Advancing Superconducting Undulator Technology: Exploring New Frontiers with Nb3Sn and Beyond at the Advanced Photon Source



Carlo Petrone (CERN)
    • 4:00 PM 5:30 PM
      Advancing Superconducting Undulator Technology: Exploring New Frontiers with Nb3Sn and Beyond at the Advanced Photon Source 1h 30m

      Superconducting undulators (SCUs) are pivotal in x-ray radiation production for storage rings and free electron lasers, offering enhanced radiation brightness and tunability range through generation of higher undulator fields in shorter periods.

      The Advanced Photon Source (APS) at Argonne National Laboratory, a storage ring-based x-ray synchrotron radiation facility, has operated four NbTi-based SCUs in the last 10 years. Recently, we successfully installed the first Nb3Sn-based SCU into APS’s storage ring, in collaboration with Fermi National Accelerator Laboratory and Lawrence Berkeley National Laboratory. This new SCU has demonstrated a stable magnet operation, with no spontaneous quenches, and has delivered x-ray beams to users uninterrupted.

      To develop this technology, we implemented a systematic approach, beginning with the use of 8 cm model magnets for design validation and performance testing, along with heat treatment optimization to ensure stable operation. Subsequently, the design was scaled up to an intermediate length of 0.5 m, at which point extensive testing of coil-to-ground insulation was carried out. Following confirmation of satisfactory performance, we scaled the design to its final length of 1.1 m. In parallel, an existing cryogenic system was modified to accommodate the Nb3Sn magnets and to improve cryogenic performance. A rigorous quench analysis of these final magnets enabled us to refine operational boundaries. High-risk tests were prudently deferred to the end of the user run, aiding in demonstrating the potential of Nb3Sn technology. The device has achieved an undulator field that exceeds that of its NbTi counterparts by over 20 %.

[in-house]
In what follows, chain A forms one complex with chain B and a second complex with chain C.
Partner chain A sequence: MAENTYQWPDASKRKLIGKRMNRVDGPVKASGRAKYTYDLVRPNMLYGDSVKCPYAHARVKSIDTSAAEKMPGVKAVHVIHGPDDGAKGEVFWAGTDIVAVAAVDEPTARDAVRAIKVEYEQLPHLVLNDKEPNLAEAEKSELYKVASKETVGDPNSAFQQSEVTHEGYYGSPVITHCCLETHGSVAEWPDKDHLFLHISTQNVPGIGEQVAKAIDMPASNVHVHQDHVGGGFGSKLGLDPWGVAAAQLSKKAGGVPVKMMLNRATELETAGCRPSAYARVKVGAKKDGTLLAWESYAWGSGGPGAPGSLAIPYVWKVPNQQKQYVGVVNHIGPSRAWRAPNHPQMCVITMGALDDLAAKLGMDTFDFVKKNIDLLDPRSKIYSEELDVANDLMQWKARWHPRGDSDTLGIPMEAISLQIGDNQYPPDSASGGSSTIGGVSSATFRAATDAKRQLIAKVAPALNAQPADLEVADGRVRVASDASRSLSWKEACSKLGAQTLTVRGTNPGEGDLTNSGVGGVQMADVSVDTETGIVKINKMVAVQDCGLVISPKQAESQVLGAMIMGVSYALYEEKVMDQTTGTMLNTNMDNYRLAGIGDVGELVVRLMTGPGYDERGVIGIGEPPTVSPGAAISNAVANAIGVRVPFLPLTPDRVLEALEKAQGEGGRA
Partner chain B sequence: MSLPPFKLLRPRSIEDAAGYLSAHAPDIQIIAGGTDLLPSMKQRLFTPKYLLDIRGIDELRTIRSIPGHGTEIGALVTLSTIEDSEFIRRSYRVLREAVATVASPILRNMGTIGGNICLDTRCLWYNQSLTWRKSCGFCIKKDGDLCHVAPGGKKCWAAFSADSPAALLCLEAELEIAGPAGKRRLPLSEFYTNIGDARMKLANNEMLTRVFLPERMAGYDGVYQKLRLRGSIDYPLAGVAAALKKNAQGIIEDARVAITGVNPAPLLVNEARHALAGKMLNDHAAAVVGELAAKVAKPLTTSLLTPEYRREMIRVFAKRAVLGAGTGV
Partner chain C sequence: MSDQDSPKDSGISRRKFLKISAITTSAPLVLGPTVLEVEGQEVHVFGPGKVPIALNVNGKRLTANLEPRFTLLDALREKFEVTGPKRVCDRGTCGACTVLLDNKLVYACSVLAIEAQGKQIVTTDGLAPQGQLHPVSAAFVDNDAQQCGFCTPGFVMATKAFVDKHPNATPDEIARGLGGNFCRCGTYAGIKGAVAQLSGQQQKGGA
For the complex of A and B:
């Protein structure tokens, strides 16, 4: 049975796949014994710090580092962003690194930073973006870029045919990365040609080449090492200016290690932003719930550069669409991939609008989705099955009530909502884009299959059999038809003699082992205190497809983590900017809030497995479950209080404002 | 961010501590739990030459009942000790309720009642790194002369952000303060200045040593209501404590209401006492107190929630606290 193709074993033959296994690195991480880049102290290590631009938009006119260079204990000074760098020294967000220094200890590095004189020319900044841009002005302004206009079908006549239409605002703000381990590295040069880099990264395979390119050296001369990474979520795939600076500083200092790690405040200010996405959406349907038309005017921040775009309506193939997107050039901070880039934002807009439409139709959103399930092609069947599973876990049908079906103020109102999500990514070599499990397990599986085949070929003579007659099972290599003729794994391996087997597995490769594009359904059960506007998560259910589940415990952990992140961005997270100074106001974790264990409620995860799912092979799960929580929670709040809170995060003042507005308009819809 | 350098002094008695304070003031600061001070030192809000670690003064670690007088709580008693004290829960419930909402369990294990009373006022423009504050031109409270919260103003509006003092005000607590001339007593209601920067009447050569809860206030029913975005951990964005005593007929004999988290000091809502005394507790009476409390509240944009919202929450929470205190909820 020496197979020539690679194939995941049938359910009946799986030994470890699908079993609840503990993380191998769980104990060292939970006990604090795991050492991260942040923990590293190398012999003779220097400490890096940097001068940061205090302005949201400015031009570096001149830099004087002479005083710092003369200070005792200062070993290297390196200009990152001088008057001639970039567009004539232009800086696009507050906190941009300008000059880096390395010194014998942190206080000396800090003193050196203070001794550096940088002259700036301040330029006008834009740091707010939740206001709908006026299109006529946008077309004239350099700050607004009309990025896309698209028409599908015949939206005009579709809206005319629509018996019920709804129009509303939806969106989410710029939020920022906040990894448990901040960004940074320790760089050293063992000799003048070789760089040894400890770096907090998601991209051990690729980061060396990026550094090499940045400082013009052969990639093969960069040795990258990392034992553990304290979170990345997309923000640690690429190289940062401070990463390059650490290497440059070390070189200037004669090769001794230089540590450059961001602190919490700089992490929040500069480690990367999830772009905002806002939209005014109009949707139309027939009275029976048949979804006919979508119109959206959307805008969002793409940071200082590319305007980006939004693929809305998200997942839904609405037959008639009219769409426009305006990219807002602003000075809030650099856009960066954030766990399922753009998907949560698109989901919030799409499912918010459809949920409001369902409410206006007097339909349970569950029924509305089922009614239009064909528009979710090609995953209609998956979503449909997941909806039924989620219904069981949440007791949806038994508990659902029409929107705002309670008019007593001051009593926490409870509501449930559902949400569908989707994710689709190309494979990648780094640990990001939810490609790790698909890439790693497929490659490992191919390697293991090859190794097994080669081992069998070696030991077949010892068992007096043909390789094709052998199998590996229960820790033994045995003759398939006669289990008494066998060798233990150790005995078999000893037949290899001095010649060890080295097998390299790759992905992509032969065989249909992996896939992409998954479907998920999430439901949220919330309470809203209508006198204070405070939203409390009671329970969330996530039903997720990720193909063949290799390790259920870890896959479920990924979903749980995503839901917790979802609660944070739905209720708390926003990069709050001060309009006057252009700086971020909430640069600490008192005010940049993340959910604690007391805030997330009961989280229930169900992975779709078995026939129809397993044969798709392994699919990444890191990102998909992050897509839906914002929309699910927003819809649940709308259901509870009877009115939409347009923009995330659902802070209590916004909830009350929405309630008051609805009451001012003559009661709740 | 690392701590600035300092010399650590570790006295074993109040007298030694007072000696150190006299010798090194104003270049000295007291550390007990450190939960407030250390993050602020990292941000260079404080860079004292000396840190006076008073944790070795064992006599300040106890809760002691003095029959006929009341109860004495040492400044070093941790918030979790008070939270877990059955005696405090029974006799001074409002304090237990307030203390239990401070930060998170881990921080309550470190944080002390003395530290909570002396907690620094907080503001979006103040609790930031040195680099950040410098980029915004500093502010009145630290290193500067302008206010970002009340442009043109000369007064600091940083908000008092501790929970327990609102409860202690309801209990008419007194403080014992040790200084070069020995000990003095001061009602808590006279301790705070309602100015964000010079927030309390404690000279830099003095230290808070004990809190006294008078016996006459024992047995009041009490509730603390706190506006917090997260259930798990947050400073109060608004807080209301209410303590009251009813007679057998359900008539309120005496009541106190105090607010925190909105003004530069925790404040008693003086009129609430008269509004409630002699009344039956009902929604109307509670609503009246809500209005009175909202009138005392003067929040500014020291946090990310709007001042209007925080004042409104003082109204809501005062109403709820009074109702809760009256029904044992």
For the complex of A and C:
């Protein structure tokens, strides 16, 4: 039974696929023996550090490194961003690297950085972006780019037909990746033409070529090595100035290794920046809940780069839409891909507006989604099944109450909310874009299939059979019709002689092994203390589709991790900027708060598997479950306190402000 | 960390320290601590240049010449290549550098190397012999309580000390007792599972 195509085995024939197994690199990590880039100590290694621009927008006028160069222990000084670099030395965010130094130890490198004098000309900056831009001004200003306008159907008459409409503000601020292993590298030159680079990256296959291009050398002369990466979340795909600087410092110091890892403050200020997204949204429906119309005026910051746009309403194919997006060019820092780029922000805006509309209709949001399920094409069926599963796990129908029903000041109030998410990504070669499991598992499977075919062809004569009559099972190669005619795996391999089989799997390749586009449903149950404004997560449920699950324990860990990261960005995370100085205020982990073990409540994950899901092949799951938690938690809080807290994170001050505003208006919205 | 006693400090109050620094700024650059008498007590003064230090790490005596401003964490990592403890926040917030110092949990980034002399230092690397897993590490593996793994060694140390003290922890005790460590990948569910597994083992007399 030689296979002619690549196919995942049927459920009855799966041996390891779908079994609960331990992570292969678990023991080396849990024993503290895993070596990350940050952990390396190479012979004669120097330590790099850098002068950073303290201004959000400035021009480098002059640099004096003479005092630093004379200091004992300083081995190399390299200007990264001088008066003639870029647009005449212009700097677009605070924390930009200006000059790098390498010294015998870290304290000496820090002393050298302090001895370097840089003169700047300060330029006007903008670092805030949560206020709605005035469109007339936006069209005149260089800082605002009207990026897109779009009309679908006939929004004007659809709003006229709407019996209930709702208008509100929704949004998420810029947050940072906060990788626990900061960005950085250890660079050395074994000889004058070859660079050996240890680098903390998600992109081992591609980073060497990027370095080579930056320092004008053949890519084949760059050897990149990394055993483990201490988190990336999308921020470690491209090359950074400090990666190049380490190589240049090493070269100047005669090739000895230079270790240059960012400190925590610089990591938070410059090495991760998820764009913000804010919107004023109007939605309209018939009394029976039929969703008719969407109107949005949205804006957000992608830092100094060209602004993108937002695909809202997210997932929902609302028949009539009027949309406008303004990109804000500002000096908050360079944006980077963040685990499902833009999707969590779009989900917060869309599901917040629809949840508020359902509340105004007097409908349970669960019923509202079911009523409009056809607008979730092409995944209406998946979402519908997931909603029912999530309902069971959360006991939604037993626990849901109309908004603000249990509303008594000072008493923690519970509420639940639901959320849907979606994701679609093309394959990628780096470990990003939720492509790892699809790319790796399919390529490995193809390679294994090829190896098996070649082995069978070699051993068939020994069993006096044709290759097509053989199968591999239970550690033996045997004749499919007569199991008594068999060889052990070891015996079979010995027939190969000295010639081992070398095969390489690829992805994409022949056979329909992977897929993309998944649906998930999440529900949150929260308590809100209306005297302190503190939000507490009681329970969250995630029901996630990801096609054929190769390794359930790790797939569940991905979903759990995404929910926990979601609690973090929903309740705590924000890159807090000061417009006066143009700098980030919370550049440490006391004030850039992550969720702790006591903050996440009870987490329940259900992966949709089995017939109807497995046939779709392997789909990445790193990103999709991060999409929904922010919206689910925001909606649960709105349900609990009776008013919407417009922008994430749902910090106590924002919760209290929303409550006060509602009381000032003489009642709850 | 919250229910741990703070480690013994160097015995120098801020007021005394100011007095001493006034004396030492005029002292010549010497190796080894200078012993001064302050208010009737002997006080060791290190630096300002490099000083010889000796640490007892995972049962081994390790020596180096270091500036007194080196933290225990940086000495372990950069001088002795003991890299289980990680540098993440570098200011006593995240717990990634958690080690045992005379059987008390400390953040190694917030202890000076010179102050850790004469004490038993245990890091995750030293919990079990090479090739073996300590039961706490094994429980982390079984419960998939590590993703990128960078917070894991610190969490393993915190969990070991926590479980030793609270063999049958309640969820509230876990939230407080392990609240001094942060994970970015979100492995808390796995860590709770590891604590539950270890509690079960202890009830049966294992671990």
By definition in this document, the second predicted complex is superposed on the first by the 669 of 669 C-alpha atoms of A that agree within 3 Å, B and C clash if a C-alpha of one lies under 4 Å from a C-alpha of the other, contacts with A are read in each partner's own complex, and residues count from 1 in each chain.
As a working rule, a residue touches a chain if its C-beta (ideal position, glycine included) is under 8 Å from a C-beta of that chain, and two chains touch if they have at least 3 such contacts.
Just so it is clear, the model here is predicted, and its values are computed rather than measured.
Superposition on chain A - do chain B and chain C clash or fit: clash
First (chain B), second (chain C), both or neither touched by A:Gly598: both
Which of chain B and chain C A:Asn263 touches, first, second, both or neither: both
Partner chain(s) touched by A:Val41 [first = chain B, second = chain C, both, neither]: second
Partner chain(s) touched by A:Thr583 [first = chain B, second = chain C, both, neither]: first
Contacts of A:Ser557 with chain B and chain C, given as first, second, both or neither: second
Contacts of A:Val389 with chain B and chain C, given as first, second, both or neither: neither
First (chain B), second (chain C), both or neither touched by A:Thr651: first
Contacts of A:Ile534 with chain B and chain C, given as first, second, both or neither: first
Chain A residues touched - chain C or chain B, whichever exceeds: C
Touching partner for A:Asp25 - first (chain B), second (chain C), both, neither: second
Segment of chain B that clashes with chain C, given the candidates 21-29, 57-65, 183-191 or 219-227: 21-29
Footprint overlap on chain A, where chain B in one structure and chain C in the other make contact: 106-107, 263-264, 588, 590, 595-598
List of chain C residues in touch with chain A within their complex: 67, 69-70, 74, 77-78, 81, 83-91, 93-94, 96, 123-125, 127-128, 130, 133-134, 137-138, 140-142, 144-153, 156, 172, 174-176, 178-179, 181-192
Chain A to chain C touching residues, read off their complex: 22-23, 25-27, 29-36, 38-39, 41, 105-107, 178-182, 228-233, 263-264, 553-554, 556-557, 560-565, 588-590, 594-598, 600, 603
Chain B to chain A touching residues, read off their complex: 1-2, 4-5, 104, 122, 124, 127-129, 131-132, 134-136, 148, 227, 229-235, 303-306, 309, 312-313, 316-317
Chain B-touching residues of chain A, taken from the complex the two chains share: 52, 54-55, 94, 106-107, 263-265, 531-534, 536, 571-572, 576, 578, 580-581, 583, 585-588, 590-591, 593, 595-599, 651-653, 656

In this seminar, we will discuss SCU technology, particularly our experience with the Nb3Sn SCU, its challenges, and the future potential of next-generation superconductors to elevate SCU performance.

      This research used resources of the Advanced Photon Source, in part U.S. Department of Energy (DOE) Office of Science User Facility at Argonne National Laboratory, and in part by the U.S. DOE Office of Science-Basic Energy Sciences, under Grant DE-AC02-06CH11357.

      Speaker: Ibrahim Kesgin - (Advanced Photon Source, Argonne National Laboratory, Lemont, Illinois, United States)